The EU Referendum causes concern for Cornwall’s fishing industry


By Emily Furness

The outcome of the referendum to be held on Thursday, 23 June 2016 to decide whether Britain stays in or leaves the European Union, will majorly affect Cornwall’s fishing industry.

Cornwall has received more than £1bn from the EU over the past fifteen years and over £1.8 million from the European Fisheries Fund (EFF).

Andy Wheeler, Assistant to the Chief Executive of Cornish Fish Producers Organisation (CFPO) said: “Leaving the EU could mean trade tariffs being imposed or restrictions on direct landings into French ports by Cornish vessels, and restricts access to French and Irish waters, which means profits within the Cornish fishing industry could be depleted.”

The £1.8 million of the European Fisheries Fund has been devoted to support the sustainable development of fishing communities in Cornwall and the Isles of Scilly.

Local inshore fisherman of Falmouth, Chris Bean, said: “I’m definitely going to vote to stay in the EU, as an inshore fisherman the only protection we really have is the EU umbrella of quotas and sustainable fishing.”

Bean added: “EU council ministers in the Common Fisheries Agricultural Policy are moving more to the left and more for conservation to help the small vessel. If we move out of the EU, we will be at the mercy in the UK of the big vessel owners and big corporations…they will call the shots.”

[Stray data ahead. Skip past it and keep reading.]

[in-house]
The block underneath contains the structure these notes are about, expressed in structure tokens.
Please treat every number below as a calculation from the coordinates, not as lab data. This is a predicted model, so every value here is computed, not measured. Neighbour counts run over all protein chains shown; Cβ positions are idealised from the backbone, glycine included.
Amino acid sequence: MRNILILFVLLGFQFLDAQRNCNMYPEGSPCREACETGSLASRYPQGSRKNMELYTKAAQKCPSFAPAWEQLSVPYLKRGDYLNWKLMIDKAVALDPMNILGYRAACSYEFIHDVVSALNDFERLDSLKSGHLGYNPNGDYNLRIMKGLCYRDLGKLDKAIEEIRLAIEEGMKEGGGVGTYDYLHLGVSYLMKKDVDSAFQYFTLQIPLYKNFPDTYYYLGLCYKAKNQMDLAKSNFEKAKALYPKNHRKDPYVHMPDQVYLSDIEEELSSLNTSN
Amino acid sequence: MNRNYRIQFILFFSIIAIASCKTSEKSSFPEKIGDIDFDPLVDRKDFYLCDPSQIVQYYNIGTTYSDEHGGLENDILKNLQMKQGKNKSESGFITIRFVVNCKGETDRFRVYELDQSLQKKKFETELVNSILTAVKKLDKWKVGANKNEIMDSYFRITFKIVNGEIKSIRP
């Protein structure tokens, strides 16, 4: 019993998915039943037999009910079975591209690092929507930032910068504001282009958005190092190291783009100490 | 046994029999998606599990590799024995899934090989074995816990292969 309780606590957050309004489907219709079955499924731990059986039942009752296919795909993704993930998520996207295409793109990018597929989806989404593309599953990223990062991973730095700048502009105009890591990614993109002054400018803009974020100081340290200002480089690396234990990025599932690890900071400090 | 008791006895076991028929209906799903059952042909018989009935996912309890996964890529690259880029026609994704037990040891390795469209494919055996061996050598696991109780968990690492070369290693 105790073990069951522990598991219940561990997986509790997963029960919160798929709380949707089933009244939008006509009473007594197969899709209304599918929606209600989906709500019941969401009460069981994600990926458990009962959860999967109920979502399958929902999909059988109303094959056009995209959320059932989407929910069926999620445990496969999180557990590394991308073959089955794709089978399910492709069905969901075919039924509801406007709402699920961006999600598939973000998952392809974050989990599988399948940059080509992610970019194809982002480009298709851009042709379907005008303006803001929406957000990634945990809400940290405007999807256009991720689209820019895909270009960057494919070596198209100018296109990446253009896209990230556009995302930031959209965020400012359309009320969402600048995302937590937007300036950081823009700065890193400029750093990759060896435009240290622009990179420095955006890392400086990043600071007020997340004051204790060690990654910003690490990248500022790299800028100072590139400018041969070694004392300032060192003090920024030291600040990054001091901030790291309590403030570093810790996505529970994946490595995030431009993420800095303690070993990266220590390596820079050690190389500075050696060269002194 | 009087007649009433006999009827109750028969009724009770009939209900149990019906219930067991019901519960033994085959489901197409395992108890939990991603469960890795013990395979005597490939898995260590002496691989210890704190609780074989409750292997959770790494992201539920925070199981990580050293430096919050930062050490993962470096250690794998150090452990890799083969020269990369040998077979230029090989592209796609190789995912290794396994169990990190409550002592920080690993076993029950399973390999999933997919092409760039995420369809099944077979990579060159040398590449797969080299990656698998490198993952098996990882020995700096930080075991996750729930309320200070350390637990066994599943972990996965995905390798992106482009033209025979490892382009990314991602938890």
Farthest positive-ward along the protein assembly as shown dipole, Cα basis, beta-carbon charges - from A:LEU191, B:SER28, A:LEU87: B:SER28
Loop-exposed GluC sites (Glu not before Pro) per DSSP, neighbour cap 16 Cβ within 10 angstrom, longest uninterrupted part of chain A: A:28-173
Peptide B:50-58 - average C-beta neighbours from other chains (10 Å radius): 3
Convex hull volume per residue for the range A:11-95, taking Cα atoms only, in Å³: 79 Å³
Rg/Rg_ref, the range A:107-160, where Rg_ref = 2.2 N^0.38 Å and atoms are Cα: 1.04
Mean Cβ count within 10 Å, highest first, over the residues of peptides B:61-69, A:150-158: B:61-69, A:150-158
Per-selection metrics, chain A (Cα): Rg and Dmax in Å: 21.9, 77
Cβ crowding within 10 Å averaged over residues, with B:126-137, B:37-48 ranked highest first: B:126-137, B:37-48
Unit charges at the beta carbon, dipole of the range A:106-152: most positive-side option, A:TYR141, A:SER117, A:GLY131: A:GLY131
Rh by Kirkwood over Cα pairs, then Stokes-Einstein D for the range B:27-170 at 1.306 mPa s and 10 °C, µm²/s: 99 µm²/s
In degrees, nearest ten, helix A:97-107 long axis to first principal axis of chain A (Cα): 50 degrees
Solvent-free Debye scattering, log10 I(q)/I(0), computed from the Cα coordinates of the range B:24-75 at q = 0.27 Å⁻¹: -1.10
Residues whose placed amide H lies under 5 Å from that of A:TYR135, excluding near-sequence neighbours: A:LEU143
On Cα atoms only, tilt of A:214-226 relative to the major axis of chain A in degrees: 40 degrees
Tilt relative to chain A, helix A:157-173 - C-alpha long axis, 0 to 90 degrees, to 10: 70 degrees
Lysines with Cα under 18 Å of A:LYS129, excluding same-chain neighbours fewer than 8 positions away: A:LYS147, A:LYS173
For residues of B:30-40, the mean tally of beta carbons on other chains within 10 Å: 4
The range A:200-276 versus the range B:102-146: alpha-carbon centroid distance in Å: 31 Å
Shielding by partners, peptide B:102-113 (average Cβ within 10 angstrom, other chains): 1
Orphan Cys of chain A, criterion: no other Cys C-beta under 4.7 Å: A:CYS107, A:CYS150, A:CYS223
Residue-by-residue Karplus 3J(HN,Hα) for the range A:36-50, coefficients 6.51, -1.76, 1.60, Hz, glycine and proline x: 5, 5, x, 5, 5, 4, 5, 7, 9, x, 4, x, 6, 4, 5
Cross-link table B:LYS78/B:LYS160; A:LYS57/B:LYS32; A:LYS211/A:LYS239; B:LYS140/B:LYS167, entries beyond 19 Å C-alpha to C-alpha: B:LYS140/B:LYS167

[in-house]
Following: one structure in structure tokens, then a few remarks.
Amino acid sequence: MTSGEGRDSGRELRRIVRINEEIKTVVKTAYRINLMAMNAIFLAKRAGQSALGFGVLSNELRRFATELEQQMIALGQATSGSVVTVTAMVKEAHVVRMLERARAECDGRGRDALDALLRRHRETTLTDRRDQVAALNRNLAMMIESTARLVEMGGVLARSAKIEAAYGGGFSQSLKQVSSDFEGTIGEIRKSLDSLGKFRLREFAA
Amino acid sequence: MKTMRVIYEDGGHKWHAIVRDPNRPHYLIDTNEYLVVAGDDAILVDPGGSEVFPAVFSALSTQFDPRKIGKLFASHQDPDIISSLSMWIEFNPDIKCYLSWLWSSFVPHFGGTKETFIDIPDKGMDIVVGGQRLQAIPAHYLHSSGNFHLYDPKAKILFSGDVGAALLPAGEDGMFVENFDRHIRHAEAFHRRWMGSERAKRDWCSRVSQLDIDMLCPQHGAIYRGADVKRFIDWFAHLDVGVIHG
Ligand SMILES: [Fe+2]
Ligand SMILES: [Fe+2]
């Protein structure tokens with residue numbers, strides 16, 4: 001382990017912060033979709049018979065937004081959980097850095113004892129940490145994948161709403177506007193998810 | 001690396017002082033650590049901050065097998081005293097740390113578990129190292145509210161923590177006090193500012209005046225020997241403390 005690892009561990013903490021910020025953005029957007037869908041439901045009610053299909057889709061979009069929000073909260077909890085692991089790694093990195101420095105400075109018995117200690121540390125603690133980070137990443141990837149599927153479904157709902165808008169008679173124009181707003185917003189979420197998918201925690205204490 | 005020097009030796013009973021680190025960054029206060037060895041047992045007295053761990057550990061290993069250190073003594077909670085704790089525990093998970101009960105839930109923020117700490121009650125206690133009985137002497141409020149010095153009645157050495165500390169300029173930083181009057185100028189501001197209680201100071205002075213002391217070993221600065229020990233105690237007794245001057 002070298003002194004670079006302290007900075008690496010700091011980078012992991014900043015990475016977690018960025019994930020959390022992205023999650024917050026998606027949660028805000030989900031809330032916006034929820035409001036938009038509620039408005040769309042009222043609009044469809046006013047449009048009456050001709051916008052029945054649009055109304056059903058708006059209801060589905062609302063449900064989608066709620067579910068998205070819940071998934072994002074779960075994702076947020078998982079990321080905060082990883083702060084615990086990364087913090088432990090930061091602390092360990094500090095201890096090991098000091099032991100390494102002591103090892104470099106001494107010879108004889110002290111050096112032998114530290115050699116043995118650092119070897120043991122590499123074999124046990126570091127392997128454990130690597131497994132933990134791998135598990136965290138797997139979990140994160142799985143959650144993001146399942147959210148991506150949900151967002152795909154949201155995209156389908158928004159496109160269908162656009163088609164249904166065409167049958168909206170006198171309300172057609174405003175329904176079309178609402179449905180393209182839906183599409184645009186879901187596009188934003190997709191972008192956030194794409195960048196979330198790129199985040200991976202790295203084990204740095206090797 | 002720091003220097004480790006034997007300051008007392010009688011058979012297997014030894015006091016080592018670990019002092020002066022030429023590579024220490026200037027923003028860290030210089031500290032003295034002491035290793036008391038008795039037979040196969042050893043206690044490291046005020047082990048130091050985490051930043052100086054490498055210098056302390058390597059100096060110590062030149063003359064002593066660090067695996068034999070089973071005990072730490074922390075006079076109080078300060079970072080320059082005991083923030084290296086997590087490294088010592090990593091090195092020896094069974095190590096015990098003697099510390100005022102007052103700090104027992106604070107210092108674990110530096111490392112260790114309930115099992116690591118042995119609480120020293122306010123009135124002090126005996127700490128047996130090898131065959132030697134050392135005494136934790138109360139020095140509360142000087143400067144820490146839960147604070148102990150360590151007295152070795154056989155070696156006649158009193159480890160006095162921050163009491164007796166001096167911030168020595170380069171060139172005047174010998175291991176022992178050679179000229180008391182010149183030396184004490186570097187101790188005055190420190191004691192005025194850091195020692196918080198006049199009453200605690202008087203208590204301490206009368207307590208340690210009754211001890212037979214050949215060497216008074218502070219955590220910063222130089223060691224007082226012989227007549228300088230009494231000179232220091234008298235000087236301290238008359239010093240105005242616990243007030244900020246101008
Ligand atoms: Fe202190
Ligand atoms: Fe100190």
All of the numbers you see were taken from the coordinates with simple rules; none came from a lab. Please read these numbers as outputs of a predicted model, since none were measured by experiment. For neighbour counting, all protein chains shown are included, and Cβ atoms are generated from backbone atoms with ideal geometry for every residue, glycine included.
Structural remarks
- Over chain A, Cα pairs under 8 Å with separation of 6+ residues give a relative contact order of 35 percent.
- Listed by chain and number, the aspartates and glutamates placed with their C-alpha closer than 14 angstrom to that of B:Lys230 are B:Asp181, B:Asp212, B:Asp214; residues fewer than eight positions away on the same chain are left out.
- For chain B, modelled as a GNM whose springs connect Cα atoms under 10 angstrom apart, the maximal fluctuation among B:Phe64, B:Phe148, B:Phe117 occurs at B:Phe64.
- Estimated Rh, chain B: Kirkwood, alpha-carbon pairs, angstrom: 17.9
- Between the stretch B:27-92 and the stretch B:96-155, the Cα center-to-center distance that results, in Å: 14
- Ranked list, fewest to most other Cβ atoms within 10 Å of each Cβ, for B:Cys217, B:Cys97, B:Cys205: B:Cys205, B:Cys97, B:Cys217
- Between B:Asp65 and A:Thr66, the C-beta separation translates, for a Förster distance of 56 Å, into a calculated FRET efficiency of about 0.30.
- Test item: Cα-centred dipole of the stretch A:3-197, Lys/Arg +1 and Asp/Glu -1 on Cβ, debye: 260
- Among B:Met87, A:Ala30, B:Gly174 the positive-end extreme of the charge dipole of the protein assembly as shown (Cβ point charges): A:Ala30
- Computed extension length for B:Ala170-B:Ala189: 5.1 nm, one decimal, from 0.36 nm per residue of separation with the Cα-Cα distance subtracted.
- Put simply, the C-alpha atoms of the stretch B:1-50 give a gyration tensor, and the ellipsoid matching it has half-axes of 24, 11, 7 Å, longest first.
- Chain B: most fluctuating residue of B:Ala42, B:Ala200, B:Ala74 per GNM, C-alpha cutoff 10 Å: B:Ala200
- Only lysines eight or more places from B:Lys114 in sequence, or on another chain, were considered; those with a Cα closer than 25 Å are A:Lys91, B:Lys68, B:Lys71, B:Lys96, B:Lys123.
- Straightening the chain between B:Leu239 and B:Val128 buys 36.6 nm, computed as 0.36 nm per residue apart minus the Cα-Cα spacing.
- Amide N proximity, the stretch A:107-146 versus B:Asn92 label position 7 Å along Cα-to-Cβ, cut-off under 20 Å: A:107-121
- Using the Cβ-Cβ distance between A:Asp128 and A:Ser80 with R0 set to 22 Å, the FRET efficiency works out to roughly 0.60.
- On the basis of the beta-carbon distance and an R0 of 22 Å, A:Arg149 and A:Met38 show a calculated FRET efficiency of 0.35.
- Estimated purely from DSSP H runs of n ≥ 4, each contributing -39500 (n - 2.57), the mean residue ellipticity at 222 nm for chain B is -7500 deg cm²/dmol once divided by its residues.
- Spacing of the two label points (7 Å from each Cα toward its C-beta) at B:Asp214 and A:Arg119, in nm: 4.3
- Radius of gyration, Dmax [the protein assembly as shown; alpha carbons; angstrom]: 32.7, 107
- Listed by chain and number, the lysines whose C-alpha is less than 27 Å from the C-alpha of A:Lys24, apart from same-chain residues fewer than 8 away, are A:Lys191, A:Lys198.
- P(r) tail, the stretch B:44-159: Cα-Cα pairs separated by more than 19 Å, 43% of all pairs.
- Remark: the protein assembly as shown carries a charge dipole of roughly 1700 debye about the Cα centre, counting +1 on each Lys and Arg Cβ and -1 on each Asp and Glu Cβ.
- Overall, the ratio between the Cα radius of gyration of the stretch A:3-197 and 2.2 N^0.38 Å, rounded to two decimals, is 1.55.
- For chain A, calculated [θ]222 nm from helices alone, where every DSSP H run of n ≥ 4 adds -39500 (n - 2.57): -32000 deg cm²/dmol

A majority of fishermen in Falmouth are keen “outers” or Euroscpetics as they would be free of EU quotas and in the long term it could mean that fishermen are allowed to catch more fish.

George Eustice, MP for Camborne, Redruth and Hayle, said: “Outside the EU, we would re-establish national control for 200 nautical miles or the median line as provided for in international law…we could argue for a fairer share of quota allocations in many fish stocks.”

Some Cornish MPs are voting to leave the EU and feel that this decision will benefit the Cornish Industry.

Scott Mann, MP for North Cornwall, said: “Our fishermen have been decimated by the EU, and only by leaving can they get their waters back and not have to contend with foreign trawlers who plunder their stocks.”

Both the Eurosceptics and Europhiles of Cornwall are both in agreement that the European referendum holds great uncertainty for the Cornish fishing industry.

Words: 405

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